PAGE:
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Monday, October 12, 2009

PLEXUS part 1


Today is Columbus Day in the United States. It’s not surprising, then, that I find myself thinking about Plexus. Cristoforo Colombo Viaggio nel Pianete Arte (Christopher Columbus Voyages to the Planet Art) was the last show I did with Plexus.

We did the show in Rome and Sardinia in the summer of 1989. Our hope had been that, in 1992, we – a consortium of performers, artists, and scientists, all from New York and Italy -- would be able to add the collective voice of Plexus to the 500 year anniversary celebration of his voyage. Unfortunately for us, larger forces were at work and a furor of political correctness made Columbus an impossible figure symbolic of the genocide perpetrated against Native Americans and the horrors of slavery. Our Columbus had little to do with the historic Columbus but that did not matter.

If you search the internet for Plexus a plethora of groups, companies and projects are listed in the search results. The Plexus that fascinated me for half a decade can be found at That site is maintained by Sandro Dernini, who brought our Plexus into being. Current manifestations of Plexus activity are nothing like the performance spectacles of the mid to late 1980s, when I was active with the group as dramaturge, and eventually impresario.

In 1985, I saw a Plexus event titled “Goya Time” at C.U.A.N.D.O., at the corner of Second Avenue and Houston, which immediately intrigued me. At that time, the theories of Antonin Artaud strongly influenced my thinking as a playwright. While the renunciation of text seemed to portend an end to dramatists, other elements of Artaud’s approach were intellectually provocative and artistically attractive to me.

For the previous 5 or 6 years, my plays were so text-bound that the only productions were staged readings, a format I have come to detest. Staged readings are, to me, the theatrical equivalent of a whore’s beckoning coo to passersby from a dark doorway. Publicly presented readings promise revelation and art when really they are staged to get money from potential backers. In not-for-profit theaters, the reading is sometimes used as a consolation to a playwright, when a rejection letter simply won’t do.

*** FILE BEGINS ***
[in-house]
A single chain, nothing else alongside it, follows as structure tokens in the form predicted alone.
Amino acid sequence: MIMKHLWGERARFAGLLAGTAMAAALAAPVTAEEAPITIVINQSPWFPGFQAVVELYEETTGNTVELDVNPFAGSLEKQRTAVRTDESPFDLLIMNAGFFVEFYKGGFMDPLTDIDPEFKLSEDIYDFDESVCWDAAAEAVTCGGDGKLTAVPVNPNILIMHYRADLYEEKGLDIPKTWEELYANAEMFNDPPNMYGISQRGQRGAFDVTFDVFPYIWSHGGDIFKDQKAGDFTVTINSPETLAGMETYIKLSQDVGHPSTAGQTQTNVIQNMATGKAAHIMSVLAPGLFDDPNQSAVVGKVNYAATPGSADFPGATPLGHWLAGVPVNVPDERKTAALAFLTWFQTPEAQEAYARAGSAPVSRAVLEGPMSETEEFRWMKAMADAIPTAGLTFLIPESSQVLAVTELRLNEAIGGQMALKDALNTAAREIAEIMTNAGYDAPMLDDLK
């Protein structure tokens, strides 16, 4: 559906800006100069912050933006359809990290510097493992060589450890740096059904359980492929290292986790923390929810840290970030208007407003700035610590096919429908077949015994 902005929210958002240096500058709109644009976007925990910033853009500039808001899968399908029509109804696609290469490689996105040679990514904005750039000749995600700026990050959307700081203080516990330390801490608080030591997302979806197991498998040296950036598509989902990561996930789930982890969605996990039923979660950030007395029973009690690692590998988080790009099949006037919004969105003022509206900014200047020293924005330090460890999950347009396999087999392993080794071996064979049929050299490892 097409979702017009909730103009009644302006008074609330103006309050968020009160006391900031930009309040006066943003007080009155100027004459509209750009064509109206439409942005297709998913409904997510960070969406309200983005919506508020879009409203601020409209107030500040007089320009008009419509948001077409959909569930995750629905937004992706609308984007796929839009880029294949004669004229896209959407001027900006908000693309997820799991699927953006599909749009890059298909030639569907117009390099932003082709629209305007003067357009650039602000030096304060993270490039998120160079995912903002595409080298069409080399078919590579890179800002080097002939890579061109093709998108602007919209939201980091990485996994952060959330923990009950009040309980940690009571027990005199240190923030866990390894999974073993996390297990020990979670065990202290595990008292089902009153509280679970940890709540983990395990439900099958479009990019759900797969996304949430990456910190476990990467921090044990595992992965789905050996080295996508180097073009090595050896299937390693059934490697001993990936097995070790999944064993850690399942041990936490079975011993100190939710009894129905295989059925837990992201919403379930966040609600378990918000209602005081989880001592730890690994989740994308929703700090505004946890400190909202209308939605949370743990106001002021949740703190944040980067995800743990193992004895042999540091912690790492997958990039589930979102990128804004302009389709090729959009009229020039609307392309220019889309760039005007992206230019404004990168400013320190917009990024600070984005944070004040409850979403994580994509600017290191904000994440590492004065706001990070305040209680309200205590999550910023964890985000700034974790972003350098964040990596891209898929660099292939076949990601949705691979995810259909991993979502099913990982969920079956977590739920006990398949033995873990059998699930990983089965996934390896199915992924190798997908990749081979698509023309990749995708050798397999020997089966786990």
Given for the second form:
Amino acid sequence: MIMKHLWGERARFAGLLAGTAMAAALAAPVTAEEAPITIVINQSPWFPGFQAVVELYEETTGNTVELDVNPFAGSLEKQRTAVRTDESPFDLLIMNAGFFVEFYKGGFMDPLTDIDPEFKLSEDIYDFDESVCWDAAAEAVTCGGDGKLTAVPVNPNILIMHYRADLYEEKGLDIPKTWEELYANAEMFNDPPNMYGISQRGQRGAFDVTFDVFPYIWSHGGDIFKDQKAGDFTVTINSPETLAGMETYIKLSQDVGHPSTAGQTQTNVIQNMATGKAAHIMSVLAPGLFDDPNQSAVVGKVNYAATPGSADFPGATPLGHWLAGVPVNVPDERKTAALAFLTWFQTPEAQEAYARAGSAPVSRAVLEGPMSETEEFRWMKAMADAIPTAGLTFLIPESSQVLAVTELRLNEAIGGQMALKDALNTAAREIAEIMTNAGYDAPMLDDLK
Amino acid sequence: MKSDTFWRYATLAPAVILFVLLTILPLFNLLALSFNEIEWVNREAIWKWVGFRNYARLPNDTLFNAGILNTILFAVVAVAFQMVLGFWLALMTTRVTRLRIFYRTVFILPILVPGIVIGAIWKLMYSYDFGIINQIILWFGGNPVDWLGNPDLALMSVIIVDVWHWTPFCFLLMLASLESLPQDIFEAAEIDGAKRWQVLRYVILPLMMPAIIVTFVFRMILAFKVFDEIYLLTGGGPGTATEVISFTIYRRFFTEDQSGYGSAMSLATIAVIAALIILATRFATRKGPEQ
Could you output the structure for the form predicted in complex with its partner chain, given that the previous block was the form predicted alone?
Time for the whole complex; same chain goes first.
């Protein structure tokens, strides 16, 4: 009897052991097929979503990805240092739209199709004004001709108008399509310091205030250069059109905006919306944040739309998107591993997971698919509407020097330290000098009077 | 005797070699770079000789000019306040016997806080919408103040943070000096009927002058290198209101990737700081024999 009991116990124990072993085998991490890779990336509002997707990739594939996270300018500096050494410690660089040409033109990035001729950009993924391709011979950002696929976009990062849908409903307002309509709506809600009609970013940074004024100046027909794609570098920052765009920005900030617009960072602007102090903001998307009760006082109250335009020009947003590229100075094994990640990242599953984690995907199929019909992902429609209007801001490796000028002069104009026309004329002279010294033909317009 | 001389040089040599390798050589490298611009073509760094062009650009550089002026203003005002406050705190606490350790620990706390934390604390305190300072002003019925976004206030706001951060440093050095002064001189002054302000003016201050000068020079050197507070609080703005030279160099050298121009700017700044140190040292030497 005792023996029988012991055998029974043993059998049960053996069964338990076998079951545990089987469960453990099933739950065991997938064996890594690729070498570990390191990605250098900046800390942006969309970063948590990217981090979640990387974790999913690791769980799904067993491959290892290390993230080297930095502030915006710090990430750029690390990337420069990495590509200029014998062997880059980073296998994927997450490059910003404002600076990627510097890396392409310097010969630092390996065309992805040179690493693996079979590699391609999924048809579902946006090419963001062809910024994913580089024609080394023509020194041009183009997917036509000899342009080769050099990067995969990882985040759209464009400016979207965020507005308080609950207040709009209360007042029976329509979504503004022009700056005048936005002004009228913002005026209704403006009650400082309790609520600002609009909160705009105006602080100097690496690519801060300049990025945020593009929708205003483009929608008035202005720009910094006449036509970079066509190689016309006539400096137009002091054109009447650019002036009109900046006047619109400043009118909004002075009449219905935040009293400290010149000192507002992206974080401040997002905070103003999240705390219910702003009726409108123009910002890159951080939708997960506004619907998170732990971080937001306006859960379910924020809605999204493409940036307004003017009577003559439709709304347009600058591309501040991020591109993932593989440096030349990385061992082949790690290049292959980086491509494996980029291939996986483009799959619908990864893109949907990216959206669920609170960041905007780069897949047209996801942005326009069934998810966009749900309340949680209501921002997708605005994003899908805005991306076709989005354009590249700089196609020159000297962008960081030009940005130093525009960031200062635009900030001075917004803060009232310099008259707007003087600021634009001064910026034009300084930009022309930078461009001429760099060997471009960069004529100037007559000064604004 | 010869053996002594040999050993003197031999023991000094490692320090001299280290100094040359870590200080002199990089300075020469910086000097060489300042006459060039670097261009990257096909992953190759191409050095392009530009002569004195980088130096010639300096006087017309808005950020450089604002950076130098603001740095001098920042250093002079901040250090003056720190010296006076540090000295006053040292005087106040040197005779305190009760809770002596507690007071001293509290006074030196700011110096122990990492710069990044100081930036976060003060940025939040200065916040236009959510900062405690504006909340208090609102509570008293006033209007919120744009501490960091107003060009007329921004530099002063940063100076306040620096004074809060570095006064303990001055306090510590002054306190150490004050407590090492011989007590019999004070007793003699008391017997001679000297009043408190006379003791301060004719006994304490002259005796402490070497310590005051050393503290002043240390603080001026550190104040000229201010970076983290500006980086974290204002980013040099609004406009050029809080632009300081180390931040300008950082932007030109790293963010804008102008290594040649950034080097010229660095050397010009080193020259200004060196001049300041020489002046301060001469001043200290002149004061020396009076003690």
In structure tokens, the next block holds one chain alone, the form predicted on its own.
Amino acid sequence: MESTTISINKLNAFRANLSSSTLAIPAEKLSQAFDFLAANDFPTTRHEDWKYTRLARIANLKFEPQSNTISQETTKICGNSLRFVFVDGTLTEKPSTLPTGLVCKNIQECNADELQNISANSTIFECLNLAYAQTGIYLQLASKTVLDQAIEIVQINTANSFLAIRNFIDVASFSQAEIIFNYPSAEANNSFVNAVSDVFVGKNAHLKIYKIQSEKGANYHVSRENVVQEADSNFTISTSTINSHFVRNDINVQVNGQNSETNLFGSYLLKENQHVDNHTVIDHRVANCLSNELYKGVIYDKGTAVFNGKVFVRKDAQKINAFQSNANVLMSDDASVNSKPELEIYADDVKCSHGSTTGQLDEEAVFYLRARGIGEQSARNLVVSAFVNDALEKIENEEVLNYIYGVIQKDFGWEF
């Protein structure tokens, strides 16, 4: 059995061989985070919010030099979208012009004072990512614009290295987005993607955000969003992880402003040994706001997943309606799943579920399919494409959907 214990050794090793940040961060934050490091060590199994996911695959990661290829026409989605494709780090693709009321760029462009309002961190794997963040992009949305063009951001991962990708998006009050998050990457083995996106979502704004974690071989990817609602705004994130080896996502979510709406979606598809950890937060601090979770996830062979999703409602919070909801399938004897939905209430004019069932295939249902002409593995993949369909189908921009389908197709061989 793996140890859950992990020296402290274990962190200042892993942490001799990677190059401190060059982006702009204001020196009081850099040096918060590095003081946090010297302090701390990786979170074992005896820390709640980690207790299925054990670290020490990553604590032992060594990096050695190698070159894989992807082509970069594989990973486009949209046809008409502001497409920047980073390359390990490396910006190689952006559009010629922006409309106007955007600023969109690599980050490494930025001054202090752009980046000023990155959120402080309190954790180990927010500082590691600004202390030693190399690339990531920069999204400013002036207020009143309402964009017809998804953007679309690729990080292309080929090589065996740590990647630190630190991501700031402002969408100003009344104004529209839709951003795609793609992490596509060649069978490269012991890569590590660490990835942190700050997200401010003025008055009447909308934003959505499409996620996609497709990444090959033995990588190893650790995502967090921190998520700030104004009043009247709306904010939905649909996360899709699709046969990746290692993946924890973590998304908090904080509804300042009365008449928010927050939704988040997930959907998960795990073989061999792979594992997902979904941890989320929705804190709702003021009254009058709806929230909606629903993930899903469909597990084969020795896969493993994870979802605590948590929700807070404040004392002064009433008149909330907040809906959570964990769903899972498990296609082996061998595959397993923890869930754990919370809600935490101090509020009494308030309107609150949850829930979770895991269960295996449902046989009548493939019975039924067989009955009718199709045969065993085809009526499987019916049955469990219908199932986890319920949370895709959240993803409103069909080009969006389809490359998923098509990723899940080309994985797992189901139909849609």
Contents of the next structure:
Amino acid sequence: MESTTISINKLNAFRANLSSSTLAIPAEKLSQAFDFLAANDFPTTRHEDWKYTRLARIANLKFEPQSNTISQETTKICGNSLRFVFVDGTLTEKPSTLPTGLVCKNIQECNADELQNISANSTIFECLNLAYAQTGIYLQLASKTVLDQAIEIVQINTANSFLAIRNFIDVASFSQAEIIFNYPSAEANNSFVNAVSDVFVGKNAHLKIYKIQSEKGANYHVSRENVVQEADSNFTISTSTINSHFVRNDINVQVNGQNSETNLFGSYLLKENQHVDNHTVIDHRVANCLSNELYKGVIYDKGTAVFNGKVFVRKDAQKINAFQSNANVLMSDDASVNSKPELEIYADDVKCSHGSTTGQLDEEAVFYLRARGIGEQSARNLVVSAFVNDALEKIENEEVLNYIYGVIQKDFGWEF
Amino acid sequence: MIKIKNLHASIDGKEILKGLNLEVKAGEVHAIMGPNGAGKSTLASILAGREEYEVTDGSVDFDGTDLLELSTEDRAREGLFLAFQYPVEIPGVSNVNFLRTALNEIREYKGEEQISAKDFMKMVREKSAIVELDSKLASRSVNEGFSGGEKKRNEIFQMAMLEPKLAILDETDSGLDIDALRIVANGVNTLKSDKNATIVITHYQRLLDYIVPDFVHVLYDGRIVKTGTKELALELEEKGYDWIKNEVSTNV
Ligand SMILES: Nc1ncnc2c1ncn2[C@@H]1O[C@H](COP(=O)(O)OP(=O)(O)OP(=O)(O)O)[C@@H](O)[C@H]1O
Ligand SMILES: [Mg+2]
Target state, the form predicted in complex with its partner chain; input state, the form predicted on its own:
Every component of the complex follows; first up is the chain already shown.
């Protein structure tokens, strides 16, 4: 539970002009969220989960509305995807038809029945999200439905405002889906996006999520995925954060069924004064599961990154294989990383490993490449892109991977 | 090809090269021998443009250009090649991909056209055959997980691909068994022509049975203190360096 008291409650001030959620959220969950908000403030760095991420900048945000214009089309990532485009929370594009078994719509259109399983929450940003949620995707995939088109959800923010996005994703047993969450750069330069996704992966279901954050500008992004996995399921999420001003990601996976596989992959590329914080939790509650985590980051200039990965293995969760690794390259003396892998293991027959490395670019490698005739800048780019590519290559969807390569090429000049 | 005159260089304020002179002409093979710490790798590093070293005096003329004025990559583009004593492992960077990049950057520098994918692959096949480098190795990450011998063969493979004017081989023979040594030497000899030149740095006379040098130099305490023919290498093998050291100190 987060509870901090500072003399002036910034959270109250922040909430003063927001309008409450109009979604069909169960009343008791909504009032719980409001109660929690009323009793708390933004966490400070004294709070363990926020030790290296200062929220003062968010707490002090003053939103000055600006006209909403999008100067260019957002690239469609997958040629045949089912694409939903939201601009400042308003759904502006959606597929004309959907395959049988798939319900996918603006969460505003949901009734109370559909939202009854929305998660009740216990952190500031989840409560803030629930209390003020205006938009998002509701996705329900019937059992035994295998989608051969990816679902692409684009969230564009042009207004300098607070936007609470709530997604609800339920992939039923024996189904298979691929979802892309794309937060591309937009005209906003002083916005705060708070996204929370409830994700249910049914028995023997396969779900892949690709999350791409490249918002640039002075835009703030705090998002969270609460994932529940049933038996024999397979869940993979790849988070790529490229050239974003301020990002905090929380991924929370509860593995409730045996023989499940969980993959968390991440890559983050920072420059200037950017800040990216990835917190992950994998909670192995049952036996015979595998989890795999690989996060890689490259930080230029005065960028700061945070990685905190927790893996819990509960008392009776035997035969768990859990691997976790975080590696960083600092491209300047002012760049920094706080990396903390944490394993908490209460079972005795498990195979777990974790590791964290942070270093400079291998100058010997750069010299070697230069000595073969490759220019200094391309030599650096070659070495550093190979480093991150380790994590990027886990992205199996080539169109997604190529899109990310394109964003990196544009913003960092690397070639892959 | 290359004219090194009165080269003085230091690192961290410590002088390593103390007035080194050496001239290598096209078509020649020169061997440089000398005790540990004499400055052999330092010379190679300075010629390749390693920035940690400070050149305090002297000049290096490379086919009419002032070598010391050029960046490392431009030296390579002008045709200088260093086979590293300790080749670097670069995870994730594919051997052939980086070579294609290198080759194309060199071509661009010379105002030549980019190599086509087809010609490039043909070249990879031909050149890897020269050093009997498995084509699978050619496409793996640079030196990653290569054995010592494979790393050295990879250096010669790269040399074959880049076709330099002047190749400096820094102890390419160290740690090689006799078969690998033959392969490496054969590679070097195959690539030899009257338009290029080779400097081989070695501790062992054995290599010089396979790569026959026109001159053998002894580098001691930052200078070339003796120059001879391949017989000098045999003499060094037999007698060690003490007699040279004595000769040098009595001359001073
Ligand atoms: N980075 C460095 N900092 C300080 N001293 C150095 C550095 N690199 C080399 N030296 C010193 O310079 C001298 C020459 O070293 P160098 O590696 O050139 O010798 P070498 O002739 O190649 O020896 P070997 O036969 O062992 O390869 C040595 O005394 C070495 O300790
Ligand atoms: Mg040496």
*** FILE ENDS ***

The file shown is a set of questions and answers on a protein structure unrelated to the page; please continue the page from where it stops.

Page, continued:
In any case, Plexus was clearly anything but conventional theater, and that appealed to me. Soon after seeing Goya Time, which appeared to me to be a tableau vivant infused with creative chaos, I met Sandro. As it happened, I was living in the back of a friend’s art gallery/studio on East Sixth Street between Avenues A and B, and Sandro was living in the building full of squatters next door. After a disastrous attempt at suburban living in New Jersey, which led to the disintegration of my marriage, I fled back to the Lower East Side; where, despite the horrific losses and absence of wet sex that came with the AIDS onslaught, a blossoming of gallery spaces was in full fecundity, while performance art had yet to be co-opted, codified and made arid by academe.

The first show I did with Sandro, and the hundreds of other artists who gravitated to the energy we created, was The Artificial Time of Purgatorio on the Night of No Moon. This was basically a happening on a grand scale. We took over most of the C.U.A.N.D.O. building – a former school that served as a community center – and we assigned artists spaces from the subbasement to the roof. Each artist was to interpret some portion of Dante’s Purgatorio. I wanted the spectators to follow a musical ensemble of some sort through the entire installation. This musical element never came together properly for a variety of reasons. The roof of the building was Paradiso – that’s where the bar was located – and the show ended there.

The absence of musicians leading people made the event seem a failure to me. As far as I could see, it was a bunch of artists showing their work in an alternative space. While Artaud’s Theater of Cruelty called for exposing audiences to the idea of participatory experience, our effort lost cohesion, and any sense of theatricality, to my mind anyway. The after party, though, was great and I did get laid.

A couple weeks later I got hired to write my first screenplay. I moved into a great apartment just off Gramercy Park. I counted Plexus as a noble failure and put it behind me. Or, so I thought. The siren call of Plexus would prove irresistible to me again, soon enough.

(more tomorrow)

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